Equine Assisted Psychotherapy is the field that I'm going into. Right now I'm undergraduate, but planning on getting my LMFT while completing an Equine Therapy Program training.
I've received Equine Assisted Psychotherapy several times-- Once in AZ and a couple other times in CA, in treatment of my eating disorder. Works wonders, absolutely great, wonderful way to treat mental illness.
This is awesome to hear. Thank you for sharing your experiences. We are eager to start development of our program this year
I Loff My Quarter Horse & I love Fenway Bartholomule cliques
Just somebody with a positive outlook on life...go ahead...hate me for that.
For anyone who may be interested, I received the following email:
The American Counseling Association (ACA) Governing Council recently approved the creation of the Animal Assisted Therapy in Mental Health Interest Network. The purpose of the new Network is to promote the knowledge, research, and practice of animal assisted therapy in the field of mental health.
For more information, or to join this network, you can use this link. Scroll down to locate the AAT network among the various other networks. You do not need to be a member of the ACA to join the group.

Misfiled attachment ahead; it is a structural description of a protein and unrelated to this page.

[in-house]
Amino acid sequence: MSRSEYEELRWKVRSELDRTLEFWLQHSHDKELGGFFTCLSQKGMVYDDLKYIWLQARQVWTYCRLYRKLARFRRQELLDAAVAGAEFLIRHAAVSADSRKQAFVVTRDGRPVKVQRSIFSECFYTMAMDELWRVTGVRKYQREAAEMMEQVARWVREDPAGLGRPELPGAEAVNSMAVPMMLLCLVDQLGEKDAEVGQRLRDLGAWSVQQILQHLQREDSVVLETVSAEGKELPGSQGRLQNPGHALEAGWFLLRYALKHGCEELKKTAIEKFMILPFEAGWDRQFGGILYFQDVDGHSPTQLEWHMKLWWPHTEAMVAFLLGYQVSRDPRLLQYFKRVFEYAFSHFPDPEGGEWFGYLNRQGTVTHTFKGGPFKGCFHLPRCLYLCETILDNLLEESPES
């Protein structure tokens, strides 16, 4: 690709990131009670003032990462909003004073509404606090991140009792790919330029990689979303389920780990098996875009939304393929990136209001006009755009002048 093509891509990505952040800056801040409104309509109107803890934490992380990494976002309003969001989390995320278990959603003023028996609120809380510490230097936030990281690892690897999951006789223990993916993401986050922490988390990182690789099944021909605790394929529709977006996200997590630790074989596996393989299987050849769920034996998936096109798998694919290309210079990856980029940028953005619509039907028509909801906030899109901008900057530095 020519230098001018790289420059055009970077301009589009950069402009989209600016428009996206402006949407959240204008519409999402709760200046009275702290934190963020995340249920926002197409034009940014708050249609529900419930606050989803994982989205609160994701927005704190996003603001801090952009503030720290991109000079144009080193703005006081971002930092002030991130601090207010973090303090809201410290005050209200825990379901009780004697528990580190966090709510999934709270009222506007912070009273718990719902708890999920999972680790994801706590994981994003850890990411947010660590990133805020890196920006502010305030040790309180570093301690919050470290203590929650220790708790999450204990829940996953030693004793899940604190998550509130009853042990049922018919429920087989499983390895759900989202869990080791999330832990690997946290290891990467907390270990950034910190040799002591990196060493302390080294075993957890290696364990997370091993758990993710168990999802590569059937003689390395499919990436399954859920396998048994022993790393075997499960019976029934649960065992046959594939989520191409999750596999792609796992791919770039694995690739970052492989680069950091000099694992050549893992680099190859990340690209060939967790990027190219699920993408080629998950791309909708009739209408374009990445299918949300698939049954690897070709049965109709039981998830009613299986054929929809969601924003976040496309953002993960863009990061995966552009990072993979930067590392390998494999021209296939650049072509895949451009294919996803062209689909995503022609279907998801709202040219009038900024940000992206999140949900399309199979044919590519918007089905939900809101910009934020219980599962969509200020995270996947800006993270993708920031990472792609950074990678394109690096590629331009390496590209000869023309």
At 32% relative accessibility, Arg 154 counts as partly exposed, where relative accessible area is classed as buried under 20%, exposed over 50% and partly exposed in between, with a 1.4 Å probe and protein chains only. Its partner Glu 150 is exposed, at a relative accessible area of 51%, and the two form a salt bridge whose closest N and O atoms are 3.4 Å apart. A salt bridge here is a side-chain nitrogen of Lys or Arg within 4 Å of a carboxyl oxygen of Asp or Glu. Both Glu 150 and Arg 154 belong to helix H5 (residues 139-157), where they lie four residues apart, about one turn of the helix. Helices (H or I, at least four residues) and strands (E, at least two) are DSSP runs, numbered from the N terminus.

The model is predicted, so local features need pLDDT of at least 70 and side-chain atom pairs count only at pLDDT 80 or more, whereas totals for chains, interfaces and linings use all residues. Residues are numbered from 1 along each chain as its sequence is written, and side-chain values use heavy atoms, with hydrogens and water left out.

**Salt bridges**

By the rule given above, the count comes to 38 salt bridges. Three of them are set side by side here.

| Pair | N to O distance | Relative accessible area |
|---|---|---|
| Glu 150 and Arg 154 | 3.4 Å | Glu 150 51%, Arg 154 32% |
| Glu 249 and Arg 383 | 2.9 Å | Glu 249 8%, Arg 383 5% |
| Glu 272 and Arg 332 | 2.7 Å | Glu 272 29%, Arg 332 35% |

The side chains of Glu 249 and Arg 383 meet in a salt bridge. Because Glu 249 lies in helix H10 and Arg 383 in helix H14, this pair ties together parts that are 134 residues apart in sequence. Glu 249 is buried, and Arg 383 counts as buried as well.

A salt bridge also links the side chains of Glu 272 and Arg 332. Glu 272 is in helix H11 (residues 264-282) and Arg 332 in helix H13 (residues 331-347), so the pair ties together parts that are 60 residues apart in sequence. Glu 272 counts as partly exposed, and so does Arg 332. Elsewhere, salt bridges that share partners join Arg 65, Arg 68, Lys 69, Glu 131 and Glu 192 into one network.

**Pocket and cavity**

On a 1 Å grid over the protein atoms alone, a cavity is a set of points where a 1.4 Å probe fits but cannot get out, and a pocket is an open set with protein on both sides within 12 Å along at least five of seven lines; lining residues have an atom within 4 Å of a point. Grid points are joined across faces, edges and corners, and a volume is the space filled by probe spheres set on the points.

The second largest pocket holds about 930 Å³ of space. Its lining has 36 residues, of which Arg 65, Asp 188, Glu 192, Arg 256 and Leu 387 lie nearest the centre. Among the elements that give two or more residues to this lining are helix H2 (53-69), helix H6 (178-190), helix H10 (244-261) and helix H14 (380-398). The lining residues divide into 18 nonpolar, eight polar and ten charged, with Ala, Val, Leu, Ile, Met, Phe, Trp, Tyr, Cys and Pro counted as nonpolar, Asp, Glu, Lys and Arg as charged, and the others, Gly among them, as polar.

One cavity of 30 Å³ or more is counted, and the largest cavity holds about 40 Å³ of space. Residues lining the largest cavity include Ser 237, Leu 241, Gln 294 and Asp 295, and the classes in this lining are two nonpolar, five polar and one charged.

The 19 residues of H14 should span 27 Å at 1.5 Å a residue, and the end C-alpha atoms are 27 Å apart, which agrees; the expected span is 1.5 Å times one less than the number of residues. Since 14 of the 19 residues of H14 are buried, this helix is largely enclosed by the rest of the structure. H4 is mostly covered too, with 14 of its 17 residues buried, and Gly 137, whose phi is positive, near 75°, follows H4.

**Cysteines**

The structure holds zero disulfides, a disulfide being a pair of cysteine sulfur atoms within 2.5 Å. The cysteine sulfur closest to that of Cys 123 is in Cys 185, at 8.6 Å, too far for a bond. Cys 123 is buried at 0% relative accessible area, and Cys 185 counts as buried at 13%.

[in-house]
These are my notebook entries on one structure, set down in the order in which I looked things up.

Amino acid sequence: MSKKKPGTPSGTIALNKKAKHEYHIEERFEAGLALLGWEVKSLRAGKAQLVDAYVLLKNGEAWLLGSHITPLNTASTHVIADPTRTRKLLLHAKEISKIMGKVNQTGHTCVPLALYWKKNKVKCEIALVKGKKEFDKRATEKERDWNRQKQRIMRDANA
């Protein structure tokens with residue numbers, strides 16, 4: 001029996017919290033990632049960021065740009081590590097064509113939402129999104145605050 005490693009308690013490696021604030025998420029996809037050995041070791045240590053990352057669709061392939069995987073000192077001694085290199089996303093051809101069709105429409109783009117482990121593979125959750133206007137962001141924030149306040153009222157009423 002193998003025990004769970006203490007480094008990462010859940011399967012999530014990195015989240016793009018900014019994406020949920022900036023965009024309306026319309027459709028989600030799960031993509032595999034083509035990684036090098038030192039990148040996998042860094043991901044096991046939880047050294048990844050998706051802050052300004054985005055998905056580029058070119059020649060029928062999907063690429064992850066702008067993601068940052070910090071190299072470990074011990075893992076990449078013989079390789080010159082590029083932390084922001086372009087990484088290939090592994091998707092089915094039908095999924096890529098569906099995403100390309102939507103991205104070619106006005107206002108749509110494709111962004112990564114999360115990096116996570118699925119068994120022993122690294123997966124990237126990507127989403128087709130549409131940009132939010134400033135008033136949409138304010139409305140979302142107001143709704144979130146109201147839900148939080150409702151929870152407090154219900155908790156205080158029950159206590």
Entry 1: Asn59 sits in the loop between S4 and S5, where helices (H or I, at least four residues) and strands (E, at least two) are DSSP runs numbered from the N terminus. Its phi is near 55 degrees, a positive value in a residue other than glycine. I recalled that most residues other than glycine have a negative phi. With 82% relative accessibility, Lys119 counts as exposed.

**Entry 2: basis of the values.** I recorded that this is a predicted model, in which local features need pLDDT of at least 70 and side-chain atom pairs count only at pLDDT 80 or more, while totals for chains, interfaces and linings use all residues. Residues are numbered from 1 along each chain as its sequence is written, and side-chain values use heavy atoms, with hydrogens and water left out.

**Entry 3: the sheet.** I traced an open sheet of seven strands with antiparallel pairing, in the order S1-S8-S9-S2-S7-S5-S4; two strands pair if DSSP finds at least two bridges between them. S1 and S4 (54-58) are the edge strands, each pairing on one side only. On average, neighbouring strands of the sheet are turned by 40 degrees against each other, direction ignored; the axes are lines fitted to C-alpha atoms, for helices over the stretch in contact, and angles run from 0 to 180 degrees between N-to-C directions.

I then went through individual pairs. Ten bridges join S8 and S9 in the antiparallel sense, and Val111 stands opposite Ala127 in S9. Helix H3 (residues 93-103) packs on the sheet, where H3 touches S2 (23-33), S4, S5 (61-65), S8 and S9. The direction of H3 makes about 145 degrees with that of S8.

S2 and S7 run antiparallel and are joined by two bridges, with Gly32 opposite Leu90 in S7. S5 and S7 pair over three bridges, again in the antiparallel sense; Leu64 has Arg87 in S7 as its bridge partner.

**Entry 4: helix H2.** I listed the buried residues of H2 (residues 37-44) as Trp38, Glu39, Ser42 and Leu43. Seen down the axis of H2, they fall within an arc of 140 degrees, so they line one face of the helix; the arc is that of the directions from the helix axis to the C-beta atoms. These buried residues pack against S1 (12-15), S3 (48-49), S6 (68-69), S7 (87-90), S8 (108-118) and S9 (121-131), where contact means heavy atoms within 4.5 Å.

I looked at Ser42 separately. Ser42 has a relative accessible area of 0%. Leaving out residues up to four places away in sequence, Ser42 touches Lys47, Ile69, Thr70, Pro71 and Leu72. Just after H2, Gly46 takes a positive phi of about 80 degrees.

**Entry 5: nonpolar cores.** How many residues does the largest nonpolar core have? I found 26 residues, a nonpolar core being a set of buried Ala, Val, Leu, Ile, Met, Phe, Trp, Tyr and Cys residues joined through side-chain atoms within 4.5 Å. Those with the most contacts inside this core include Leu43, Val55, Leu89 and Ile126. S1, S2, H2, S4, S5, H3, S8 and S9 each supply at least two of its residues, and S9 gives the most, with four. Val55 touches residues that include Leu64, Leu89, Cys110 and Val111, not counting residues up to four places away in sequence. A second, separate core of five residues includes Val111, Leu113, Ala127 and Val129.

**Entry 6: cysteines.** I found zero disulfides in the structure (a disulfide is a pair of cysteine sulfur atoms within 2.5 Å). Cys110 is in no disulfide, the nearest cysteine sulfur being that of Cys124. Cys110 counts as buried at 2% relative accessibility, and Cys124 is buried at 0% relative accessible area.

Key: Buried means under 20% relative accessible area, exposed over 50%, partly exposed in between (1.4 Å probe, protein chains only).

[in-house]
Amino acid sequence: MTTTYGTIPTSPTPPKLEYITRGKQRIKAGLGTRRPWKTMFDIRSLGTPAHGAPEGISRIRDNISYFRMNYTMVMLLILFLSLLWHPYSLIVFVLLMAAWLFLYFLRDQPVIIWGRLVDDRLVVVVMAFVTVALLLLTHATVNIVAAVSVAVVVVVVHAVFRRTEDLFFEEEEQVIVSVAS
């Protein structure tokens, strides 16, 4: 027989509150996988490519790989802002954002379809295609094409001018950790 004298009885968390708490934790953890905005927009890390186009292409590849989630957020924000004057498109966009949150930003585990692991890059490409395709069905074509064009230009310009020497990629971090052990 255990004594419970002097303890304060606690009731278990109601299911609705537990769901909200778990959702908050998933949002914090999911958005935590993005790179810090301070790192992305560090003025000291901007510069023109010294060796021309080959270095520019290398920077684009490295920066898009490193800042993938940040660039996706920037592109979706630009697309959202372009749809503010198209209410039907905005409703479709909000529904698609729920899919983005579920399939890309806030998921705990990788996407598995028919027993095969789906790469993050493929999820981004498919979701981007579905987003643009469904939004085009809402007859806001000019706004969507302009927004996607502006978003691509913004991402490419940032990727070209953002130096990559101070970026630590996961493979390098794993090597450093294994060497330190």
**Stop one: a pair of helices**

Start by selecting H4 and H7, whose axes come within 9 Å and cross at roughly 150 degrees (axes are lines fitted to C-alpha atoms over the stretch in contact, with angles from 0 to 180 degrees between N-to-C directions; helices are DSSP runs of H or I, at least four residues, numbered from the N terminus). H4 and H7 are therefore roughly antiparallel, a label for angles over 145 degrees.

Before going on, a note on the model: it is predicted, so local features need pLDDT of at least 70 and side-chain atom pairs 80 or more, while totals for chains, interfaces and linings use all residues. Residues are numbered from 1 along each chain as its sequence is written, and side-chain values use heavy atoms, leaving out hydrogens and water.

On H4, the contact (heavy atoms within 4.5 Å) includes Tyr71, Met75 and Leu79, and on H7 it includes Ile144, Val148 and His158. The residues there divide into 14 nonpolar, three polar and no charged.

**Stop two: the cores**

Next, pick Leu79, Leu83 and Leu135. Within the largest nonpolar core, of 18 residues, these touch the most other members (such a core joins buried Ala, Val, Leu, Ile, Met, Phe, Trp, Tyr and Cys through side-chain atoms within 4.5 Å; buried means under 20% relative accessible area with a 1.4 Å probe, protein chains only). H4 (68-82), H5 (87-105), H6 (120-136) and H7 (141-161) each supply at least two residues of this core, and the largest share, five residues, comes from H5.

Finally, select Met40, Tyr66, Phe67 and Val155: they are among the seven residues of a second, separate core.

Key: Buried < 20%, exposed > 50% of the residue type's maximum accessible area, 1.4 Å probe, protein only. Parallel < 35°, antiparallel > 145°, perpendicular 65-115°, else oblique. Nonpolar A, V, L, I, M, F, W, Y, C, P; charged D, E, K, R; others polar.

I'm doing my thesis in EAP. I'm a masters-level student, and when I'm all done sitting for tests, I'll be a Licensed Mental Health Counselor (LMHC). Look into those programs, too. There is question right now about the future of the new degree in New York, but the policy makers in Albany are working to fix the wee small problem of the scope of practice description that clearly implies, but does not say, "diagnose". I'm not worried, and neither is my program's director. It doesn't mean we can't work right now, it just means someone else has to sign off on treatment plans, which is annoying and redundant when we have the perfectly sufficient training :P
I did my undergrad in neuroscience, and minored in psych. My program has minimal requisits for entry- beyond having a bachelors in SOMETHING, they just want to see a few psych classes (intro, abnormal, stats). It creates a beautiful diversity
Anyway, I'm no expert, but I've learned a lot through my readings, and in my very humble opinion, EAGALA has the best model in that it is nearly manualized (or so it seems) and has the most research of the very scant research available. I do not support mounted EAP programs (which actually aren't EAP, they're like Equine Facilitated Therapy)- their personal gains, while undeniable, do not promote the same growth that unmounted counseling does. Part of EAGALA's certification process is that you first be a licensed practitioner, then you join them. MFT, CSW, MHC all fit the bill, at the masters level.
Side note, I believe "EAP" applies to a specific approach under the general umbrella of "using horses in mental health". Kinda like saying "riding hunters" under the general umbrella of "English riding". Hunters may have the same end goal of Jumpers in that we both want to get over the fences while on a horse, but we sure do it in quite different ways!